Book Review: The Heretic’s Guide to Best Practices by @PaulCulmsee & @KailashAwati


The Heretic’s Guide to Best Practices: The Reality of Managing Complex Problems in Organisations
by Paul Culmsee and Kailash Awati

The Heretic’s Guide to Best Practices: The Reality of Managing Complex Problems in Organisations

by Paul Culmsee and Kailash Awati

The monolithic topic of organizational theory may be a necessary evil in the worlds of project management and management as a whole, but only true wonks can be excited about diving into a dry and academic volume about best practices. Fortunately for everyone, The Heretic’s Guide to Best Practices is not one of those windy tomes that lay forth great deals of lofty theory but very little in the way of actual usable ideas and solutions.

Substantial and meaty, with a density of information disguised by its conversational tone and easiness to read, this book and its authors turn convention on its head and talk clearly and with plenty of supporting evidence about why many traditional best practices approaches are outdated and destined to ultimately fail.

What many of the rank-and-file already know – that conventional organizational theory can be bloated and empty all at once, and that these big ideas very often lose steam and die as soon as the memos about them have been read – is treated thoroughly in The Heretic’s Guide.

The authors’ assertions are amply illustrated with studies supporting their contentions and showing very clearly that many initiatives put forth in organizations to align the messaging and processes between the upper levels and lower-level people, on the face of it look polished, but are not as well-planned and effective as they first appear, and often fail at all but the theoretical level.

You find yourself nodding a lot as you see the authors’ thoughts about how closely many organizations actually resemble the world of Dilbert. Seeing these examples laid out all together helps you see the big-picture absurdity of swimming along in an ocean of meaningless buzzwords and best practices Kabuki. The book also helps you appreciate the practical ramifications of being entrenched in an organizational environment that is bogged down in keeping up appearances by digging up the latest trendy jargon and setting forth acronymized initiatives defined by platitudinous mission statements.

OK. So we know what the problems are with current best practices. What to do about it? How to shake it all up and apply practices that will actually work outside of the consultants’ boardroom? Besides pointing out the ills of present-day organizational theory and best practices, the authors take on addressing in practical, real ways solutions that are meant to unite the goals of the nebulous “They” at the top of an organization’s hierarchy, and the lower-level people who actually carry out the core tasks of the organization’s mission.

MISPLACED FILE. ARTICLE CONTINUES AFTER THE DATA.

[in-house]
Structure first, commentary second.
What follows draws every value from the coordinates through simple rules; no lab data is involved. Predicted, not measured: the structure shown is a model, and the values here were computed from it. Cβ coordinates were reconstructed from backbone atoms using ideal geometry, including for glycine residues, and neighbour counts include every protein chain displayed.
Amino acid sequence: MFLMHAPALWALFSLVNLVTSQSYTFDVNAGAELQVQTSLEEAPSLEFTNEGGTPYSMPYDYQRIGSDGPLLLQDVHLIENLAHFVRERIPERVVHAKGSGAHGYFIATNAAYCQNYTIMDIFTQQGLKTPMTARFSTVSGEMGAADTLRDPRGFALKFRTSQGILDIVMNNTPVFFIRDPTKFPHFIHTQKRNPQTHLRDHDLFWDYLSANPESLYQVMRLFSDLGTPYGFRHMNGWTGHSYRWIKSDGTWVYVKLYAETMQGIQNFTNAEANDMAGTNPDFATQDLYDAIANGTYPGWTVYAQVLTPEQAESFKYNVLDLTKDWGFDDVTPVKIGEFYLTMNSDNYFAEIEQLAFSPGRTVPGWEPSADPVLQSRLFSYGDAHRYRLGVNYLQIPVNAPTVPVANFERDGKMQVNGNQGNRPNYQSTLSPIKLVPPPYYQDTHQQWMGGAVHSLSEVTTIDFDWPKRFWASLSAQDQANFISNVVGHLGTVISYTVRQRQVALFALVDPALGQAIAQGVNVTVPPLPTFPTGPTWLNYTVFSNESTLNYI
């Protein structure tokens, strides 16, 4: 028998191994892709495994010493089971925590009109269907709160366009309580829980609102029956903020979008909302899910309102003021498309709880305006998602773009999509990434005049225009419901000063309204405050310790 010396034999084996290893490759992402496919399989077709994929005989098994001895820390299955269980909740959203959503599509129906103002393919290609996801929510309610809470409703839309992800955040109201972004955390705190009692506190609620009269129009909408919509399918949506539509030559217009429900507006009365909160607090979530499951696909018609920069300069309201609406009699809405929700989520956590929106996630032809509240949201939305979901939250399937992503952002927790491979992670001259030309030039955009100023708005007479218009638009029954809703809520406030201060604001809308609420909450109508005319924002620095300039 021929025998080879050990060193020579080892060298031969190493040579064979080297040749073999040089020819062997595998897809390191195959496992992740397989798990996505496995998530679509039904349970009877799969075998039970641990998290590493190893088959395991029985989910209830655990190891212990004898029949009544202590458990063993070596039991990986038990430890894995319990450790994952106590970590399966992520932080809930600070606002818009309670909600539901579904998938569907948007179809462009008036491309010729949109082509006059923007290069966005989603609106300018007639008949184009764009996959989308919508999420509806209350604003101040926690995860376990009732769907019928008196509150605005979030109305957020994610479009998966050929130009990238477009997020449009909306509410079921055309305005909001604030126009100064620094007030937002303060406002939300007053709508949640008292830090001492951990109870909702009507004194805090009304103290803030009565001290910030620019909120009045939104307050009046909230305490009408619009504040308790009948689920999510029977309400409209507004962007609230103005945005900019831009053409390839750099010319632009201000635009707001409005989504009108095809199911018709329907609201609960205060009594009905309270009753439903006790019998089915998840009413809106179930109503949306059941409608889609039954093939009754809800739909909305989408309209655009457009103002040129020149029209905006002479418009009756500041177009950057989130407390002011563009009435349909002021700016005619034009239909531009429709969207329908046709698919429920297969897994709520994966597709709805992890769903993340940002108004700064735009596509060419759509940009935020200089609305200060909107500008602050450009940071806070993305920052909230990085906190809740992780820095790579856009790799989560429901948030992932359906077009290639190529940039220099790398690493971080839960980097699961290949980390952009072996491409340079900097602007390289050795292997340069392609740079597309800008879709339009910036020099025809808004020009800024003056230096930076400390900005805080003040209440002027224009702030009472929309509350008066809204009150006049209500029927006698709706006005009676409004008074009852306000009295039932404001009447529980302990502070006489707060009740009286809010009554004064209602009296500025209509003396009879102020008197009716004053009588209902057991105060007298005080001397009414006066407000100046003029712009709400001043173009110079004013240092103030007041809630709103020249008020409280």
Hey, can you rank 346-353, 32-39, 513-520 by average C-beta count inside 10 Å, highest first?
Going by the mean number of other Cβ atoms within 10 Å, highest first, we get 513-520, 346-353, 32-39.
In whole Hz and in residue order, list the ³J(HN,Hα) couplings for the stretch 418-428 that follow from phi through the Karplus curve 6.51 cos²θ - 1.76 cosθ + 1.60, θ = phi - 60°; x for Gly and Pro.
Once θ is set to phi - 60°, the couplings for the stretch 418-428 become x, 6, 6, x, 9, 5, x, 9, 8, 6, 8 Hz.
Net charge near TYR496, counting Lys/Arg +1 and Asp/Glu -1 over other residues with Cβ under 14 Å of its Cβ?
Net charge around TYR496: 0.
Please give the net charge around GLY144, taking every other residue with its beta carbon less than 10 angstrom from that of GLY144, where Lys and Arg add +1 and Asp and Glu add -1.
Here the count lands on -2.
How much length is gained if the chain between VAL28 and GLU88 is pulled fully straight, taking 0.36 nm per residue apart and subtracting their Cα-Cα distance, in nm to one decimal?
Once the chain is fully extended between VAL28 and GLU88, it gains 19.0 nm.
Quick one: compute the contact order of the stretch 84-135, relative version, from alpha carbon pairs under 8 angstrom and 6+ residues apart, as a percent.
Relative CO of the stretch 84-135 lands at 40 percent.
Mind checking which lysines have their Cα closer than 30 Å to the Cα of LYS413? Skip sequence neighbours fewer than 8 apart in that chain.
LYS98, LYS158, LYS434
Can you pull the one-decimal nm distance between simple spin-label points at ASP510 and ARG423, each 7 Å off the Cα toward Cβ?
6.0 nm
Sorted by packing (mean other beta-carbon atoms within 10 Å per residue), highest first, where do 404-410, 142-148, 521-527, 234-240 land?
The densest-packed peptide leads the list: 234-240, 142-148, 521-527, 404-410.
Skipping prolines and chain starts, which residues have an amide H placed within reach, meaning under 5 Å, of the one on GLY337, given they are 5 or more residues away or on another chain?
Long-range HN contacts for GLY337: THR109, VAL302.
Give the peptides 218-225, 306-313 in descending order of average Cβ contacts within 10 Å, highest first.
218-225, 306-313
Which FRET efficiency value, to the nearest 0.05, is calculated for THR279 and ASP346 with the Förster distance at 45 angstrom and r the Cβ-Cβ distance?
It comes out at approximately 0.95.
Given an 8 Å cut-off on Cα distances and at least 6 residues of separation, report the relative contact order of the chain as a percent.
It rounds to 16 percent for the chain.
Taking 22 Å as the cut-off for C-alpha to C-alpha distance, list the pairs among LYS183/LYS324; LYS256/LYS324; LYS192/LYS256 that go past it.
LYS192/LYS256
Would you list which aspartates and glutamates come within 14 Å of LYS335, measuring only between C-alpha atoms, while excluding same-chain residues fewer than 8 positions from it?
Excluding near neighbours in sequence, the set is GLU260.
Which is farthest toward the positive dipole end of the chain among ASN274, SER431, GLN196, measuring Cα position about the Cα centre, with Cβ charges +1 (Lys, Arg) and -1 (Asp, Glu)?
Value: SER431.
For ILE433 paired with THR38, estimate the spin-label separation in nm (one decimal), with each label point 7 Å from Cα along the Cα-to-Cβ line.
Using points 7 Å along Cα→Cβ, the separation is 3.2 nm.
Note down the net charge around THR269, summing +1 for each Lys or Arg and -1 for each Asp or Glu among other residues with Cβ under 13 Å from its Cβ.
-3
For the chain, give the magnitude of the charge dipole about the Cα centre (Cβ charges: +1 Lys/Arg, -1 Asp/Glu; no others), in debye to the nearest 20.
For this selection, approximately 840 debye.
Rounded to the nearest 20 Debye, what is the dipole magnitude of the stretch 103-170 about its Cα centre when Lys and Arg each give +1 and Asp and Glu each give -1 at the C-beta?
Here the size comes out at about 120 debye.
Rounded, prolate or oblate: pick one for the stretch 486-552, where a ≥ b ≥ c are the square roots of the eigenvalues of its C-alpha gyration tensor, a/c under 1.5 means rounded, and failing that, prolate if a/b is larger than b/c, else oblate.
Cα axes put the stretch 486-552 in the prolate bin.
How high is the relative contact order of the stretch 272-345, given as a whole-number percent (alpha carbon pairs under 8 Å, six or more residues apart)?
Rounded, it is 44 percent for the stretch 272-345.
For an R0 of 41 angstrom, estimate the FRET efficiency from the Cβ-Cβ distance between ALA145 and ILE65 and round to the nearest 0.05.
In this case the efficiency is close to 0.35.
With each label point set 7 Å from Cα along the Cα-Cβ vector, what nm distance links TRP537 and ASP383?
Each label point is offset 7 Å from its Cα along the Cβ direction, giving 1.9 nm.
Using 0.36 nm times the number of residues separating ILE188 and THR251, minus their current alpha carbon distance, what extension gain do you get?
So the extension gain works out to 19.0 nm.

Though I hesitate to use the phrase “thinking outside the box” because it is exactly the kind of jargon that Paul and Kailash point and laugh at in the first section of the book, many of the techniques they propose to bring greater practicality, realism, and actual effectiveness to modern best practices are well-outside the mainstream and may seem unnatural and difficult to people who are accustomed, if not actually wholeheartedly buying in, to the status quo. The authors address the issues surrounding adopting less conventional approaches to organizational theory.

The third part of the book presents case studies supporting the unconventional approach to applying these solutions, and show that shrugging off the same old-same old best practices model can work in real-world organizational environments facing the same problems and ruts that any number of organizations can fall into if they don’t take a hard and realistic look at the actual effectiveness of their practices.

The authors thoroughly illustrate how being willing to step outside of the largely ridiculous traditional best practices model (that looks flashy but produces disappointing results that leave stakeholders feeling bewildered and betrayed, and which don’t provide real movement and results for an organization) can result in greater cohesion between high-level and lower-level folks, and yield more satisfying organizational results for everyone involved.

The authors have been paying attention, and have broken free of the traditional mindsets that are increasingly stale and ineffective in today’s rapidly changing business environment. Particularly appealing is their consideration for the little guy in the organization; the common sense approach they advocate is refreshing and provides an interesting and innovative perspective on effecting real and lasting change in stagnant organizations desperately needing change but drowning in a sea of empty and stillborn initiatives propped up mostly by ineffectual platitudes and buzzy concepts. The authors’ theses are well-supported with studies and examples that cleanly illustrate the authors’ points.

Paul and Kailash give to us a book that is no-nonsense and peppered with a charming dry humor that is engaging and pleasurable to read – even for laypersons not heavily immersed or well-versed in best practices or organizational theory. The book is ideal for neophytes just getting into the subject who want to kick their careers off with innovative approaches, as well as for old war dogs who are looking to shake things up and make the most of the benefits of applying sound and meaningful best practices to their organizations.

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